A North San Antonio man is climbing the world’s tallest mountains as part of his effort to raise awareness of a rare bleeding disorder that affects him.

Jeff Salantai was born with the rare bleeding disorder Hemophilia A, which doctors said prevents blood from clotting properly and increases the risk of bleeding longer and more severely.

Yet, Salantai said he is living life to the fullest and using one of his hobbies—climbing—to help others learn more about Hemophilia A.

Having hiked the Grand Canyon and Mount Kilimanjaro, Africa’s tallest mountain, Salantai most recently climbed Mount Everest, the world’s tallest mountain, in April to mark World Hemophilia Day, which was April 17.

Salantai said he was diagnosed with Hemophilia A several weeks after birth when he was circumcised and would not stop bleeding. At the time, he and his family lived in Illinois and were advised by a nurse to see a hematologist in the St. Louis, Missouri, area.

Salantai said coping with his bleeding disorder at an early age was tough.

“We were in the hospital almost every week until my parents were taught how to infuse my treatment at home. I had frequent bleeds and spent many days in bed or on crutches,” Salantai said.

Salantai said he was very young when he developed an interest in contact sports and outdoor activities, which can be challenging for hemophiliacs because of joint and muscle bleeds.

“I ended up having recurrent bleeding in my right ankle, which caused mobility issues. I had to sit out of all the games and playtime kids have,” he said.

But Salantai said his parents were determined to ensure he had a chance to live a relatively independent life, so they sought out treatment options to help manage his disorder.

Throughout his life, Salantai has embraced his hobbies, namely climbing and competing in 100-mile bike races, while managing his disorder through IV injections several times a week.

“Medications have improved, and I've had better control over my bleed rate. Exercise and weight lifting helped strengthen my joints and keep me more mobile,” he said.

Salantai started using a treatment called Hemlibra a few years ago.

“This has been a game changer for me, especially since I had to previously administer infusions a few times a week,” he said.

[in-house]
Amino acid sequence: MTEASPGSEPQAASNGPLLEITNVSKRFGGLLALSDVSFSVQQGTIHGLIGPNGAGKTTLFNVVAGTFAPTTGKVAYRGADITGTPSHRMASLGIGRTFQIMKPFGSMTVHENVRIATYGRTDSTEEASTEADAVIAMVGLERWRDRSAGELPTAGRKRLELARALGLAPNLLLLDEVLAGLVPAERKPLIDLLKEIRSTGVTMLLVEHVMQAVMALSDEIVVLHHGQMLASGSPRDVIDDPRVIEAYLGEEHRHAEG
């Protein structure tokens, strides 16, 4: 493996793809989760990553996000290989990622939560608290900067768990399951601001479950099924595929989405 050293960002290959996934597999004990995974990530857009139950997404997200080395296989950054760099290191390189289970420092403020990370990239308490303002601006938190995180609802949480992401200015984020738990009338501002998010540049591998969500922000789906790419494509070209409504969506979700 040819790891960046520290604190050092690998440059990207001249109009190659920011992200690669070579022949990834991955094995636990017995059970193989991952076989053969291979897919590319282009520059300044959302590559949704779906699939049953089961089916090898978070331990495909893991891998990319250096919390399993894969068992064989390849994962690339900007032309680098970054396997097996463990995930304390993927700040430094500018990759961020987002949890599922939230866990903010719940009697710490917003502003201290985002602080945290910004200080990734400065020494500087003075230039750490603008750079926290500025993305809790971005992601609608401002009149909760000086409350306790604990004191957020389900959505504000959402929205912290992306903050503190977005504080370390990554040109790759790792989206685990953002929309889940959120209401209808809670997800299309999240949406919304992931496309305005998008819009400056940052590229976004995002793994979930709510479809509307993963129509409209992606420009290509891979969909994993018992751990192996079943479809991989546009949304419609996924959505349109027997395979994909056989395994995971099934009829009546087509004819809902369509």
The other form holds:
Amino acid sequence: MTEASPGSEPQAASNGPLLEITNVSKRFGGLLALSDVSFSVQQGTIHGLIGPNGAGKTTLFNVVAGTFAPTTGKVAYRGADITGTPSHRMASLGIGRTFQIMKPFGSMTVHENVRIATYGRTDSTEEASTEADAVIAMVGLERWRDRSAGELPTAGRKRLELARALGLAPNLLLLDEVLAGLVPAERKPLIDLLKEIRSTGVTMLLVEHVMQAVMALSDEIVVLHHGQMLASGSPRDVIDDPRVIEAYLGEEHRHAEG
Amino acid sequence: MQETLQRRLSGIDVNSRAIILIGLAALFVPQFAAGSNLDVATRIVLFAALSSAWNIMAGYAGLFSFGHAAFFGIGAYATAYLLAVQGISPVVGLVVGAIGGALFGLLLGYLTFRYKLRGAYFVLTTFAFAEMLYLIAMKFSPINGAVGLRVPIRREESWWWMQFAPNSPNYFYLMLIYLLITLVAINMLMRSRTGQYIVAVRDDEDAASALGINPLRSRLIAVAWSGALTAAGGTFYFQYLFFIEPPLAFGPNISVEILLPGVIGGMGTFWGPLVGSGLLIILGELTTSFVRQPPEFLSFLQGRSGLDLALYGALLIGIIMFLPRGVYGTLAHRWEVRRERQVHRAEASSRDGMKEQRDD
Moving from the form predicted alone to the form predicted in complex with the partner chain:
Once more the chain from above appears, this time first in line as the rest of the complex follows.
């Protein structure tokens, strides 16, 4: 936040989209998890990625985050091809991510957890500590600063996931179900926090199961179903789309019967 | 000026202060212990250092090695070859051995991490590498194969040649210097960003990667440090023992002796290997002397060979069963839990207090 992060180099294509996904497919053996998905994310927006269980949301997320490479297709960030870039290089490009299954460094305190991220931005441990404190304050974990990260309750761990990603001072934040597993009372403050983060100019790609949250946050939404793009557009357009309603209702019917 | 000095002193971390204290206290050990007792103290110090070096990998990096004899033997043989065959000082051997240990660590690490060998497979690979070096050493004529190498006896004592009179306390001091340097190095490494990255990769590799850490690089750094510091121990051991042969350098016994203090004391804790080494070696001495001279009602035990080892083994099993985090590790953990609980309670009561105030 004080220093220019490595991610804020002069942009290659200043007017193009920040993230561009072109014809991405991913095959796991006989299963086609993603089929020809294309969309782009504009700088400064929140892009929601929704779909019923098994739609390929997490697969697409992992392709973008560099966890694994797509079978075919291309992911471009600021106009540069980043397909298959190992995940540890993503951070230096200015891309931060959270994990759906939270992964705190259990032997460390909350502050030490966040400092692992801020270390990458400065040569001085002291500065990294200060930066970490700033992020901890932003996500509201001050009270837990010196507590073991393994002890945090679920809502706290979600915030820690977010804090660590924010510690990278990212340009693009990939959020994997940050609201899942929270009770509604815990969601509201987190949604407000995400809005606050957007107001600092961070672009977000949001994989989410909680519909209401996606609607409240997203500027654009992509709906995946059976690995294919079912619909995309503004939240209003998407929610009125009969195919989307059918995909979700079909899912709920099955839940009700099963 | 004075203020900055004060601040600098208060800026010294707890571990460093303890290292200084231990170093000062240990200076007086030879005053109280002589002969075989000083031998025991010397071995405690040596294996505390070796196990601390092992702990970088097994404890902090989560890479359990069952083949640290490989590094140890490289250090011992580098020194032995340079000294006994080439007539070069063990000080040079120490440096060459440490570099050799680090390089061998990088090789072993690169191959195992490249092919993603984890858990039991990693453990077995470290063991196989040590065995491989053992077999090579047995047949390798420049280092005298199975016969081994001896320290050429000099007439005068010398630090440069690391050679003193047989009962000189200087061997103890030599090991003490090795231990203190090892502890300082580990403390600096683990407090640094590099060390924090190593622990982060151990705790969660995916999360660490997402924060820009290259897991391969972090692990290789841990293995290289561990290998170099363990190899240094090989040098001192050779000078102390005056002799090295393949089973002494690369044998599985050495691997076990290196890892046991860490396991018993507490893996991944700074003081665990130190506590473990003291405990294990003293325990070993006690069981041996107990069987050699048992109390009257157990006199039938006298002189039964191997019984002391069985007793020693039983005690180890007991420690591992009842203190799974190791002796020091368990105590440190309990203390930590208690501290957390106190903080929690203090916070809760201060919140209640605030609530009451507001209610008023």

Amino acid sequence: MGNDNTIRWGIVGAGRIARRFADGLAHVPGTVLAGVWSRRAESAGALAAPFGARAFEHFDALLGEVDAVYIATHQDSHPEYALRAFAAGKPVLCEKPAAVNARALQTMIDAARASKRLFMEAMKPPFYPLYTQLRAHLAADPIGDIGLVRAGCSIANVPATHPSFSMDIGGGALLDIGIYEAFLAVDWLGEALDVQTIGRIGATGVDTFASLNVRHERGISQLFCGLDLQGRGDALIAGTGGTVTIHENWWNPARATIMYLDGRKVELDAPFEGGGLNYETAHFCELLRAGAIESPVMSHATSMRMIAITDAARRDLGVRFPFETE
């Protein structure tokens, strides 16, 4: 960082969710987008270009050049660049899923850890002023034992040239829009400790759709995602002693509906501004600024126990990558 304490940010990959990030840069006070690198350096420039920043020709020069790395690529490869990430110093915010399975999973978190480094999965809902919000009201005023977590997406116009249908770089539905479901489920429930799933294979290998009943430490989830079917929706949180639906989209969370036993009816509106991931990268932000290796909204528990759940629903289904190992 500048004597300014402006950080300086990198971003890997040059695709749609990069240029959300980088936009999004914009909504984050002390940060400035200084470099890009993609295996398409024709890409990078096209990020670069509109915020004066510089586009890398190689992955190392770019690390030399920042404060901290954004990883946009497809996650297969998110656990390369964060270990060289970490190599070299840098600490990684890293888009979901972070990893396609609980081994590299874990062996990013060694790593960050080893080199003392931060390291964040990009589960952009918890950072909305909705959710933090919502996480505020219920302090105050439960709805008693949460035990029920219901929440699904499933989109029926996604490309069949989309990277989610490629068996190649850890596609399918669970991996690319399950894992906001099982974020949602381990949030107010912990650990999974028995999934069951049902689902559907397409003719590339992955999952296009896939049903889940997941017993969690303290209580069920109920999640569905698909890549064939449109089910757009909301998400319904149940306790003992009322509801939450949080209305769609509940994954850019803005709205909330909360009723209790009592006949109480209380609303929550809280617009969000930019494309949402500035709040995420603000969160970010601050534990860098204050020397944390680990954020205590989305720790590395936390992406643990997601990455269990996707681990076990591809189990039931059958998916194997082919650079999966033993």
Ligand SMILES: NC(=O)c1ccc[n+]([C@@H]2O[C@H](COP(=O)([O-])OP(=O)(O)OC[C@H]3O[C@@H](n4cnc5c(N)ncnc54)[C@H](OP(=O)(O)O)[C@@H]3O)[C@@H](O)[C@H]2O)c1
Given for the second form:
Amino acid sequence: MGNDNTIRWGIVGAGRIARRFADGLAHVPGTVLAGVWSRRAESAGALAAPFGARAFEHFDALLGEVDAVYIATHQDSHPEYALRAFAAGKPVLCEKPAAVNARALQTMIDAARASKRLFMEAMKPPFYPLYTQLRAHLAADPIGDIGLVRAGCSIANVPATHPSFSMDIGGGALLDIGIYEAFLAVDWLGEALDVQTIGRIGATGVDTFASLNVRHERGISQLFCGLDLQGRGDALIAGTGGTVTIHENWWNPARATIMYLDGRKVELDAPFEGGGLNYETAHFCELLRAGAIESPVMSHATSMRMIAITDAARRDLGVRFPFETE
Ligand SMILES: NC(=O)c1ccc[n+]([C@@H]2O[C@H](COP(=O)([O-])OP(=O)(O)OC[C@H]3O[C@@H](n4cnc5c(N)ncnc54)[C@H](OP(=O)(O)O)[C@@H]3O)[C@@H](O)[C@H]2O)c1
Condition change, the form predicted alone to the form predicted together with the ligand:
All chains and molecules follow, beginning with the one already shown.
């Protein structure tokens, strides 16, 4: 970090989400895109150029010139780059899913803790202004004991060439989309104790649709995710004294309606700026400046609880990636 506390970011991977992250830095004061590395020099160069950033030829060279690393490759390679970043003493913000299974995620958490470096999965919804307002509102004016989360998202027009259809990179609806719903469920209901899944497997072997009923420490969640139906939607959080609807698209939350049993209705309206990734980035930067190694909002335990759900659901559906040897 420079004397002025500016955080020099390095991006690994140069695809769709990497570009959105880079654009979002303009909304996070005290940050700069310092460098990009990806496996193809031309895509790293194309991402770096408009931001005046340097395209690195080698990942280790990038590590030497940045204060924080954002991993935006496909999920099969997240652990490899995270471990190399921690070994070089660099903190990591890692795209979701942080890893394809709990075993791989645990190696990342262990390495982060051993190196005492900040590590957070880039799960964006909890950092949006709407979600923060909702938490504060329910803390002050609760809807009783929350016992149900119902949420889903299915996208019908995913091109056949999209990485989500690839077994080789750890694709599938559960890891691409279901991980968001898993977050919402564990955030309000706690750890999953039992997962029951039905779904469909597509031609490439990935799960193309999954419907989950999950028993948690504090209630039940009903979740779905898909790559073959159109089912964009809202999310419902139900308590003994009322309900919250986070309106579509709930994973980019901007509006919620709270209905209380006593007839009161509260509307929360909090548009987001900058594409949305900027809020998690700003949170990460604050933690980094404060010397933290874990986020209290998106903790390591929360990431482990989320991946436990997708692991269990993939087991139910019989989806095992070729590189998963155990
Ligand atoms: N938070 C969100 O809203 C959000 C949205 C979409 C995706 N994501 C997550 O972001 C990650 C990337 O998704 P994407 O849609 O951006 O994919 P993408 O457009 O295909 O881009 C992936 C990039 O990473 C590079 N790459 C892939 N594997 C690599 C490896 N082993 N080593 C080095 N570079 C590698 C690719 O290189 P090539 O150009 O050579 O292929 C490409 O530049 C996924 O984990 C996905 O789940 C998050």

Salantai combines his passion for climbing with advocacy work with the Massachusetts-based nonprofit, Save One Life, which supports individuals with bleeding disorders, especially patients in developing countries.

The idea for scaling Mount Everest arose in 2022 when Salantai took part in a Grand Canyon climb with Save One Life Executive Director Chris Bombardier, who said he wanted to return to Everest in the organization’s next fundraiser.

“This was something that had been on my bucket list for years, and I wasn't going to miss out on the opportunity,” Salantai said.

The Everest trip included Salantai and fellow climbers working with the Hemophilia Society of Nepal, meeting local patients and hematologists, and visiting hospitals and sponsors’ homes.

Salantai said the climb itself, which included him summiting another peak, Kala Patar at 18,500 feet, featured long hours of trekking, sore feet, cold, snow and exhaustion.

But Salantai said he suffered no bleeds during the Everest trip, and that it was one of his greatest personal experiences.

“The feeling of having made it to base camp with little to no issues is hard to describe. I checked off an adventure that most people don't do in their lifetime, especially those with a bleeding disorder, so I feel very accomplished,” he added.

Salantai said coping with hemophilia has taught him to never give up on anything.

“I feel as if I can do anything anyone else can do as long as I take some precautions,” he added.